Reading and Writing

, Volume 23, Issue 9, pp 1085–1108 | Cite as

Developmental changes in character-complexity and word-length effects when reading Chinese script

Article

Abstract

The present study was designed to examine the developmental changes in the character-complexity and word-length effects when reading Chinese script. Character complexity was defined in two ways: (1) the number of constituent strokes for characters (Experiment 1), and (2) the number of constituent radicals for characters (Experiment 2). The word length was defined as the number of characters in words (Experiment 3). The three experiments involved a lexical recognition task, and the participants consisted of 25 second graders, 24 fourth graders, 24 sixth graders, and 25 university students. In Experiment 1, it was found that the response latencies increased with the number of strokes in characters for second graders, whereas no effects were evident for fourth graders, sixth graders, or university students. In contrast, in Experiment 2 no character-complexity effect was found for the number of radicals. In Experiment 3, only a partial word-length effect was found for the number of characters for second graders. These results suggest that beginning Chinese readers process characters in an analytical way, but that the decoding process changes gradually from analytic to holistic as their reading skills develop. The educational implication of this result is discussed.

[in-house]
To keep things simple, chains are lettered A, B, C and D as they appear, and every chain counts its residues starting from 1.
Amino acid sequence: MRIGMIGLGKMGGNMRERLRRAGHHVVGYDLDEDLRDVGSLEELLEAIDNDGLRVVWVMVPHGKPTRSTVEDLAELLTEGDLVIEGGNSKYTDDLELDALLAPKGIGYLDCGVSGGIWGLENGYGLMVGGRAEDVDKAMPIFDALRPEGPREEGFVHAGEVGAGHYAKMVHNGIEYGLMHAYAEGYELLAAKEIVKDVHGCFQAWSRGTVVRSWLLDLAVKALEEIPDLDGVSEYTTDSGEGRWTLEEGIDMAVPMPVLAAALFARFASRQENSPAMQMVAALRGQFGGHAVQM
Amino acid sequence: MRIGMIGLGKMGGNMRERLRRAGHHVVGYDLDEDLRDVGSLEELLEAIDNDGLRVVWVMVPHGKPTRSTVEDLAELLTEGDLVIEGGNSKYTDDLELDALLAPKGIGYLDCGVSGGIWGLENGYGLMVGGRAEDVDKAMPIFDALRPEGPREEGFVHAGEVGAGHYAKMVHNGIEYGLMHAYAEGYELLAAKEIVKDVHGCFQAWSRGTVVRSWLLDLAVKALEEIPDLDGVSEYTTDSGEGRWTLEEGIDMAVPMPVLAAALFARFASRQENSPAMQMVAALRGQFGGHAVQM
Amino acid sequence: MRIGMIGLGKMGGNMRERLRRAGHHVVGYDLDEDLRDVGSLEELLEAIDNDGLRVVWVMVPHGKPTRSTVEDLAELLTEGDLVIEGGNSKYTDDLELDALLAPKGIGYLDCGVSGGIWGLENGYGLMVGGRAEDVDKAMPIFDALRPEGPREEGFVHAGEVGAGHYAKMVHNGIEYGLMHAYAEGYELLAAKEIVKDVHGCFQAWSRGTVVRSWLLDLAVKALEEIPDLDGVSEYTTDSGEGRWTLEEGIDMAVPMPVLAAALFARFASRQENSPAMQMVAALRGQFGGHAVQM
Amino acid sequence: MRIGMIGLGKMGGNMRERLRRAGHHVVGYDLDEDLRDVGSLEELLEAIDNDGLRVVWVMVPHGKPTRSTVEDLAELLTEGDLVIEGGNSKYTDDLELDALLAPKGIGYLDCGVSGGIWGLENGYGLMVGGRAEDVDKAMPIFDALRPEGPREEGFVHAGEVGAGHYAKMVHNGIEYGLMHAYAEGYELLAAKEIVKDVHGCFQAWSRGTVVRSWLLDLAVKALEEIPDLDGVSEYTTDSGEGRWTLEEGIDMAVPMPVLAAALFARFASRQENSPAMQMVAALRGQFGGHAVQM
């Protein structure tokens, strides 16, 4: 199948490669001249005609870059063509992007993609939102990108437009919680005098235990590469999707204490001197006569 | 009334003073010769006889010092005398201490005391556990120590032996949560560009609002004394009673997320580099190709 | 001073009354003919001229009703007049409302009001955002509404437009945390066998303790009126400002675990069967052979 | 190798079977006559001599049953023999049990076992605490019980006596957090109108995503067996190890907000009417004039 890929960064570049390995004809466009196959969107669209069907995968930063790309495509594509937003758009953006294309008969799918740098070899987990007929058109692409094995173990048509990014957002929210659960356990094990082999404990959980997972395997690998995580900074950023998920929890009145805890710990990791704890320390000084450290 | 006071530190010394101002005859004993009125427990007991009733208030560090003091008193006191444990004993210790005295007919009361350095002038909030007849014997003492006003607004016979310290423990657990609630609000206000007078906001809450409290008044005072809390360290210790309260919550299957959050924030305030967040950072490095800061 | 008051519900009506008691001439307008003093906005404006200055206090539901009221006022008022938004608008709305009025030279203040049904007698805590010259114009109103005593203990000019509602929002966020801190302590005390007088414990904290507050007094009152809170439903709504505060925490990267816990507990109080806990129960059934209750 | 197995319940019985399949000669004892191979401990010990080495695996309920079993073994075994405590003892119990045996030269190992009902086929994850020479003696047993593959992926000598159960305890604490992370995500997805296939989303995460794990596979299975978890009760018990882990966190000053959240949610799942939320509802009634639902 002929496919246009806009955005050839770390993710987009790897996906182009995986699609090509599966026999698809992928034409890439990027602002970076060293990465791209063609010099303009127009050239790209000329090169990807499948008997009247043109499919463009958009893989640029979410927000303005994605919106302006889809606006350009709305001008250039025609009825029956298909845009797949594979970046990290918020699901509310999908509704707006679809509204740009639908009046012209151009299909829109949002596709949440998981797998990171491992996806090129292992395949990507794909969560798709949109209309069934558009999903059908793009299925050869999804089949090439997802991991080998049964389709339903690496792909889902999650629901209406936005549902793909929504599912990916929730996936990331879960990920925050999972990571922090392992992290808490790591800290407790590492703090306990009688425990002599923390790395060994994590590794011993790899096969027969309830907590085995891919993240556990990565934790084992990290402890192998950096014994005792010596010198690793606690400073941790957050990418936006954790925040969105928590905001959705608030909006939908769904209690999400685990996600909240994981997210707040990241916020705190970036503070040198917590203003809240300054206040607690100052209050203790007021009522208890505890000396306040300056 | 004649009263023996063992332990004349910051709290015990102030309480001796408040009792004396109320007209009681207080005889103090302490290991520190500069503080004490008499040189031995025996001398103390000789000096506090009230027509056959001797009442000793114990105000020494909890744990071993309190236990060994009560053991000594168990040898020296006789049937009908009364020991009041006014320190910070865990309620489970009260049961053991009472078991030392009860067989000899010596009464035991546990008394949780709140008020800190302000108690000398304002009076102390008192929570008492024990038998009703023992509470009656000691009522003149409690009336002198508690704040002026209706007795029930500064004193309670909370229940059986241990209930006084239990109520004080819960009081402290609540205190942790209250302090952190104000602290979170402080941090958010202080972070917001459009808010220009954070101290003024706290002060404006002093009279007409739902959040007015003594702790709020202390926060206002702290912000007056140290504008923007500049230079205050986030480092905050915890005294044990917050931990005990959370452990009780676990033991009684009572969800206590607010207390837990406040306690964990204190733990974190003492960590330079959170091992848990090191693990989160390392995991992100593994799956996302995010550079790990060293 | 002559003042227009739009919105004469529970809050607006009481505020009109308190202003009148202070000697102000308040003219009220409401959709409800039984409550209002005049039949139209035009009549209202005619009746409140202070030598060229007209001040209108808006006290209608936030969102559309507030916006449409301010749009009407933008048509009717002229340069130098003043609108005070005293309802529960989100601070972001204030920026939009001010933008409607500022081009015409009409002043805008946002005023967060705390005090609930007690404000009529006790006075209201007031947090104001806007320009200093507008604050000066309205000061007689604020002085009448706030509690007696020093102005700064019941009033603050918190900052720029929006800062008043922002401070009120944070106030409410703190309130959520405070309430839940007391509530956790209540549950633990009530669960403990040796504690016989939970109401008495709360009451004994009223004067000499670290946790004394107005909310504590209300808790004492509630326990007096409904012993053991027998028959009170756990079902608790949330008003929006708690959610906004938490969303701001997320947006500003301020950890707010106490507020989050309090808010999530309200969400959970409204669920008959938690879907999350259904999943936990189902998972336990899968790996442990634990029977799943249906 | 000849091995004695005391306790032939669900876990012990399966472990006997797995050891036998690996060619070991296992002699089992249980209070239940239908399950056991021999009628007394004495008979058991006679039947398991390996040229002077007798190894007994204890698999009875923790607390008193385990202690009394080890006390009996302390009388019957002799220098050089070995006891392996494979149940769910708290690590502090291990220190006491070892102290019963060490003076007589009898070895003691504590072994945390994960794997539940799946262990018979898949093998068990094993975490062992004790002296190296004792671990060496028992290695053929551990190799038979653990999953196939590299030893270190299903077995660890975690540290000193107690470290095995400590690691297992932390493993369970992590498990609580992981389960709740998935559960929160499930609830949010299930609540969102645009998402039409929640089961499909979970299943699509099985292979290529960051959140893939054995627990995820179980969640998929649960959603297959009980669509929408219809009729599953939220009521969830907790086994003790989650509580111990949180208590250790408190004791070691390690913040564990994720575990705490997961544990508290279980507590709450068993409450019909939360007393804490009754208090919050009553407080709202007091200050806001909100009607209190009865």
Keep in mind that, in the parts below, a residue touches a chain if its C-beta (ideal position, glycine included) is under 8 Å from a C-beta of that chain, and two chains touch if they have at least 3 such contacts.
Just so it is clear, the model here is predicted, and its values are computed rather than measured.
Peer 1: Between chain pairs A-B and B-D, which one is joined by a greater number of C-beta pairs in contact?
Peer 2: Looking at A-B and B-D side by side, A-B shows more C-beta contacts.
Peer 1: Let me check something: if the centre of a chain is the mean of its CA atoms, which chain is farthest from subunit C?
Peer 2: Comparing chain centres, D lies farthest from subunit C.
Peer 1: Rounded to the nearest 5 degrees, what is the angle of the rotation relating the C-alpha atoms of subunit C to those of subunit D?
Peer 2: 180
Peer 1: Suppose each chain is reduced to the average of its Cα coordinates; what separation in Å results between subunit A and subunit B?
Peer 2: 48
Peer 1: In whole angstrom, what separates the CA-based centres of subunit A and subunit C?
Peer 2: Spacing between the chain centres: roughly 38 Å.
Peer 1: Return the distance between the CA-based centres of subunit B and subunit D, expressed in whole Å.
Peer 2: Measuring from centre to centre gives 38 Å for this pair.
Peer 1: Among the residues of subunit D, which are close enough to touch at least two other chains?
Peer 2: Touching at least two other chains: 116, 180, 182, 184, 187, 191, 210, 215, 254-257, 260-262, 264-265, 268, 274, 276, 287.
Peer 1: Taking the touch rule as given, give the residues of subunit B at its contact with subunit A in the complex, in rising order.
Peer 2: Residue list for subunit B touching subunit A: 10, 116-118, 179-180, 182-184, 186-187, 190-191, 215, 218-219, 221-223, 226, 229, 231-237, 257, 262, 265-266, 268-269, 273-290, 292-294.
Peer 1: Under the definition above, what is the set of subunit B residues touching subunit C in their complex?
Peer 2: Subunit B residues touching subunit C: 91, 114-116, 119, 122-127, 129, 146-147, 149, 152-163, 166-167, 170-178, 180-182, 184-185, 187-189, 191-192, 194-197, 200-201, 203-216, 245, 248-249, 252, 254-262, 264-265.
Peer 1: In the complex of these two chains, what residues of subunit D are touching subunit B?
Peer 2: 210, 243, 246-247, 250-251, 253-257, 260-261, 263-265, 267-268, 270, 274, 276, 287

Keywords

Character-complexity effect Chinese script Developmental changes Word-length effect 

Notes

Acknowledgments

Part of this research was supported by grant no. NSC89-2413-H-003-033-F18 from the National Science Council, Taiwan. We are grateful to two anonymous reviewers for comments on an earlier version of this manuscript. We also thank Dr. Yi-Chen Wu, Ms. Hsiou-Wen Yang, and Mr. Pang-Tsung Chien for valuable assistance in data collection, Dr. Zhong-Fan Hu for computer programming, and the Academic Paper Editing Clinic, National Taiwan Normal University.

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Copyright information

© Springer Science+Business Media B.V. 2009

Authors and Affiliations

  1. 1.Department of Educational Psychology and CounselingNational Taiwan Normal UniversityTaipeiTaiwan
  2. 2.Department of Educational PsychologyUniversity of MinnesotaMinneapolisUSA

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